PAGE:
But retail debt may become a problem if Houston residents continue to pile it on at the rate they did from 2010 to 2016. Over that time period average retail debt in the area grew just under 25%.

Retail Credit Cards

Data and Methodology

In order to conduct this study of retail credit card debt, we compared 199 cities across five metrics. Specifically, we analyzed data on the following five metrics:

  • Average retail debt. This is the average amount of retail debt per resident. Data comes from the Experian State of Credit Report for 2016.
  • Average number of retail cards. This is the average number of retail cards held per resident. Data comes from the Experian State of Credit Report for 2016.
  • Retail debt as a percent of non-mortgage debt. Data on average retail debt and average non-mortgage debt from the Experian State of Credit Report for 2016.
  • Retail debt as a percent of median income. Data on average retail debt comes from the Experian State of Credit Report for 2016. Data on median individual incomes comes from the U.S. Census Bureau 1-Year American Community Survey.
  • Percent change in average retail debt from 2010 to 2016. Data comes from the Experian State of Credit Report for 2016.

First we ranked each metro area in each of these metrics. Then we found each metro area’s average ranking, giving equal weighting to each metric. Using this average ranking we created our final score. To create our final score we gave the metro area with the best average ranking a score of 100. We gave the metro area with the worst average ranking a score of 0.

Tips for Responsibly Using Retail Credit Cards

Many stores offer their own credit cards to shoppers. But before you jump at the chance to get 20% off your initial purchase, it’s a good idea to consider a few things before signing up.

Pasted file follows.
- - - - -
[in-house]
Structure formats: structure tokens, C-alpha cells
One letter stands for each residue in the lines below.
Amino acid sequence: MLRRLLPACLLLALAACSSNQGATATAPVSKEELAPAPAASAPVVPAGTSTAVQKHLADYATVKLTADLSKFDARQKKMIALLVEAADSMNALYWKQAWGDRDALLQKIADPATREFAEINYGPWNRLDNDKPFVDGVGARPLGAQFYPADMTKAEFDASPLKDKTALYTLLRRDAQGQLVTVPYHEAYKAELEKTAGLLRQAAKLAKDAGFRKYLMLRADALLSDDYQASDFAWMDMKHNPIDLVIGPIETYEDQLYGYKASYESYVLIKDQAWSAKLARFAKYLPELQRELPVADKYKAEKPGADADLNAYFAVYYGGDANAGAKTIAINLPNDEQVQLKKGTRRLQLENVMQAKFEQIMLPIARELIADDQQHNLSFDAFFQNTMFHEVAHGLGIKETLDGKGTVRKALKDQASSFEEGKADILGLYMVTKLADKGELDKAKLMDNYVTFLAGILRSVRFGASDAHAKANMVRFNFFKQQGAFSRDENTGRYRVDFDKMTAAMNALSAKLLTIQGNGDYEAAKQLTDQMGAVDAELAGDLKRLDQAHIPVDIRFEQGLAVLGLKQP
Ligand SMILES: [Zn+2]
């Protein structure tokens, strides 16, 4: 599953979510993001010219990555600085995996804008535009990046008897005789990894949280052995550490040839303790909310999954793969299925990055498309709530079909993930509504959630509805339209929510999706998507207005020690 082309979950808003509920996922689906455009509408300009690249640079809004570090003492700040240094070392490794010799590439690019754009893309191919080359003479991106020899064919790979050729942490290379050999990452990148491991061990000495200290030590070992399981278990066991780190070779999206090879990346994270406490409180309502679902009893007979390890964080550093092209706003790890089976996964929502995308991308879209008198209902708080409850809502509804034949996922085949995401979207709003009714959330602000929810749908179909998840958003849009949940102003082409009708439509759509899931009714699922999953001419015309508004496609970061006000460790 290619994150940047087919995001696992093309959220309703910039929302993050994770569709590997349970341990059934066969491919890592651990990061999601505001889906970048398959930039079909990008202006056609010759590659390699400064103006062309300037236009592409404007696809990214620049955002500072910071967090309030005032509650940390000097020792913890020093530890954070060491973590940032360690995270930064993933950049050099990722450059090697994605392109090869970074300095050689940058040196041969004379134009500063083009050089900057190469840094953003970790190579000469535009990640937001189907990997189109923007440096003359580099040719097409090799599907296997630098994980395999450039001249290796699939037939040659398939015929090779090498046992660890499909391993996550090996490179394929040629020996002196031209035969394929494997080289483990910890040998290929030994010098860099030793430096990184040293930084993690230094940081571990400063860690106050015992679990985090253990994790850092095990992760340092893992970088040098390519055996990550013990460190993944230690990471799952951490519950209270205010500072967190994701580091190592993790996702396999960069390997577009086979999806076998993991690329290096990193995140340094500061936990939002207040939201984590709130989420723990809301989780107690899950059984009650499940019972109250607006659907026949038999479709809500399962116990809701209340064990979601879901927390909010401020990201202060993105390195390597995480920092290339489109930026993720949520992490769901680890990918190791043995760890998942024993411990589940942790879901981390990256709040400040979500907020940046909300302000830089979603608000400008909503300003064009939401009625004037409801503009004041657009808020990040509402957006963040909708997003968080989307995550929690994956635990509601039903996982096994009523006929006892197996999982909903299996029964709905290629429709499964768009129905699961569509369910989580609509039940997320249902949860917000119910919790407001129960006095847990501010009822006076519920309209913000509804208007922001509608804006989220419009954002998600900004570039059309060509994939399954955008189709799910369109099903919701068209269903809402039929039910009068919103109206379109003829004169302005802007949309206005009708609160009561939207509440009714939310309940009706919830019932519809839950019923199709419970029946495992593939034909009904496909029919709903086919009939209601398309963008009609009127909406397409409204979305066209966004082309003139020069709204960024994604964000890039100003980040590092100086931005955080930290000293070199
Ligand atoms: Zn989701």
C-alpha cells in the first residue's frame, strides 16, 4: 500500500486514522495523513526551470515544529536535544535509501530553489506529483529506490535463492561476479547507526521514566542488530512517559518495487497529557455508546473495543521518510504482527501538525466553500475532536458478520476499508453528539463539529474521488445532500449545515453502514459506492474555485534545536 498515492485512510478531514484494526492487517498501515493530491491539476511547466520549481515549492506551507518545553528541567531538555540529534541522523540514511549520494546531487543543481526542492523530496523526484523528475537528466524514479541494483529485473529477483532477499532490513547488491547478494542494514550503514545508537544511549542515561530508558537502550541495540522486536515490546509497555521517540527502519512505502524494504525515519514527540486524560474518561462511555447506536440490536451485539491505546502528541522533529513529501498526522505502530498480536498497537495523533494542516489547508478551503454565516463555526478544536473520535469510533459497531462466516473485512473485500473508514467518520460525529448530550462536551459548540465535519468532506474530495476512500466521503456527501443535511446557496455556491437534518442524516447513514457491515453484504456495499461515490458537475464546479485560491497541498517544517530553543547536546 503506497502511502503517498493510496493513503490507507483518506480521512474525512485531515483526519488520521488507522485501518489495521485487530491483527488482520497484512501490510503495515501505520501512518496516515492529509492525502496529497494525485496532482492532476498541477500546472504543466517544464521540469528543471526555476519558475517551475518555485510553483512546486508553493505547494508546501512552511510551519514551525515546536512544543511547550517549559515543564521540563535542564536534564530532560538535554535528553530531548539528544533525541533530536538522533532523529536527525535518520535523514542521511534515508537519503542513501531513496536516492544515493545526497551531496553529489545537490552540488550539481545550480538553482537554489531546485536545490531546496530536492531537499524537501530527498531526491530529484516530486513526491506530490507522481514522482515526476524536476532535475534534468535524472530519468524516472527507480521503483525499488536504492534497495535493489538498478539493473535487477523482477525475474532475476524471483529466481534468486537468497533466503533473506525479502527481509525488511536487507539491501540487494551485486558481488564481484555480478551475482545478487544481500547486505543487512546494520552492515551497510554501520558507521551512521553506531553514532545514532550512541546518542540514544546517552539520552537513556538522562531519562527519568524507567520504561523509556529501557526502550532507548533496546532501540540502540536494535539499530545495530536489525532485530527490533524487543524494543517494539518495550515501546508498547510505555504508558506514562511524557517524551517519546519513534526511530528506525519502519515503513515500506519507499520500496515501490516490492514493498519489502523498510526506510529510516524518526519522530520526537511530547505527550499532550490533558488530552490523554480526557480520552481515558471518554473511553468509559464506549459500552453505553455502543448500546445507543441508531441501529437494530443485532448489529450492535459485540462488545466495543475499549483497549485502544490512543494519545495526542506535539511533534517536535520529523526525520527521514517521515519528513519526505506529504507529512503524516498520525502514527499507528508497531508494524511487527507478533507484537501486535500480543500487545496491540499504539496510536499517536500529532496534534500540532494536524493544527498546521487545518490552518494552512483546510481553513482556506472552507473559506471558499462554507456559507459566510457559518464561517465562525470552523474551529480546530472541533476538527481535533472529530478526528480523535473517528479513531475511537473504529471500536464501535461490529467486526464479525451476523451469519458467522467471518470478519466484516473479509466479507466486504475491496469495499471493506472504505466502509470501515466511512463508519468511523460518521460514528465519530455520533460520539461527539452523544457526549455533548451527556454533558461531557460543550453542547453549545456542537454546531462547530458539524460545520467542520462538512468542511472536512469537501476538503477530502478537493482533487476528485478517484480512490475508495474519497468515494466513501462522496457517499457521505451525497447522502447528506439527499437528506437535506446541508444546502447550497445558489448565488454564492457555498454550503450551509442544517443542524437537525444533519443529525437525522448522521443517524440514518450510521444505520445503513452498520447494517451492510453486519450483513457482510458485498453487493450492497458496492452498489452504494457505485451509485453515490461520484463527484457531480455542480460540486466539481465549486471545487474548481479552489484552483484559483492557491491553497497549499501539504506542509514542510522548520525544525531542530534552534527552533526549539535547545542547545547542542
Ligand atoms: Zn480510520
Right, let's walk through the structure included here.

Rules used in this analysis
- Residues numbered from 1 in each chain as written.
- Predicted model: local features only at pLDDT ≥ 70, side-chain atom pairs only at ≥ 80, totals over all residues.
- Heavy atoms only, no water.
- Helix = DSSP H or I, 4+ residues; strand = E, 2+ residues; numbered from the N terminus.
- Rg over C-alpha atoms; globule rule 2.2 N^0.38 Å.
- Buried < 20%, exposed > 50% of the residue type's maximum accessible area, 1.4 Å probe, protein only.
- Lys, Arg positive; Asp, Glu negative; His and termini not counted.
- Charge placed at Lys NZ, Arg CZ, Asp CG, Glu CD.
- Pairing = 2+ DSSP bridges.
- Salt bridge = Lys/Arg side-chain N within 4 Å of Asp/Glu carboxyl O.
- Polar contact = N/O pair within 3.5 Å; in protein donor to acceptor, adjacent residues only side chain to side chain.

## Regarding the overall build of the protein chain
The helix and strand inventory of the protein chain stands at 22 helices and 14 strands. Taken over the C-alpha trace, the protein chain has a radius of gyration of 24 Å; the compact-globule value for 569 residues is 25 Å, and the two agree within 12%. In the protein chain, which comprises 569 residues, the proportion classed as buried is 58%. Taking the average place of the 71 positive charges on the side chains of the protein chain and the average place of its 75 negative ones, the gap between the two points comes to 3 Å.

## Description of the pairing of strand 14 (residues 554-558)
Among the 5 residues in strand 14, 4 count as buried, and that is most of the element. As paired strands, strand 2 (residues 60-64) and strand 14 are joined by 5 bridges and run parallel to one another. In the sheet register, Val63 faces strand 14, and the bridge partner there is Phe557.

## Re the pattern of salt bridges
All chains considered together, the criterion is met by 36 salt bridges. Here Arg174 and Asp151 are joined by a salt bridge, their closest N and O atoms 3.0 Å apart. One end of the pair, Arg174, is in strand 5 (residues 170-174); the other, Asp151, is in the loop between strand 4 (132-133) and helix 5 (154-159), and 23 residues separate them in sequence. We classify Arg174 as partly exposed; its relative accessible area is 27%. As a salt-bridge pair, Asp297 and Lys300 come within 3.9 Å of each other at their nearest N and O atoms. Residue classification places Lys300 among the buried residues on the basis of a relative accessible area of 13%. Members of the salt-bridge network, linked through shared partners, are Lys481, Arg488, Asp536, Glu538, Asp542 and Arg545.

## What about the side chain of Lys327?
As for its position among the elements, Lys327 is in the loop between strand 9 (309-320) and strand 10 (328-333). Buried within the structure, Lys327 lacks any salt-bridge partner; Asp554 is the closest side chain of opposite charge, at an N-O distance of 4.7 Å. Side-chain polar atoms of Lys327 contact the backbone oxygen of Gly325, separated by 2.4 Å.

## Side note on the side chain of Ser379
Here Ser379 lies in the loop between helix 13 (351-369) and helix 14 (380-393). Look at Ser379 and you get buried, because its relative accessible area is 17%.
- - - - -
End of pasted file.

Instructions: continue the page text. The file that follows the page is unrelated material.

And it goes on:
First what is the card’s APR? If the store credit card comes with a really high APR and you are not sure you will be paying off the whole balance each month, it may not make sense to open it. Whatever rewards you may earn could be outweighed by the added interest payments. Ideally you would pay off the entire balance on any credit cards you have every month. It’s also crucial that you make your payments on time to avoid late fees.

You’ll also want to find out if there is an annual fee. If you are only getting the card for the initial benefit or you don’t frequent the store often, getting a credit card with an annual fee may not make sense. There are plenty of reward credit cards, which you can use at every store, that come with no annual fees.

Lastly, if you do decide to open a credit card at your favorite store, remember that as with all credit cards, it’s best not to charge more than you can comfortably afford to pay.

Questions about our study? Contact us at press@smartasset.com.

Photo credit: ©iStock.com/stockvisual

Derek Miller, CEPF® Derek Miller is a graduate of the University of Edinburgh where he studied economics. He is passionate about using data to help people make better financial decisions. Derek is a Certified Educator in Personal Finance® (CEPF®) and a member of the Society of American Business Editors and Writers. He is a data journalist whose expertise is in finding the stories within the numbers. Derek's writing has been featured on Yahoo, AOL, and Huffington Post. He believes the biggest financial mistake people make is waiting too late to save for retirement and missing out on the wonders of compounding interest. Derek lives in Brooklyn.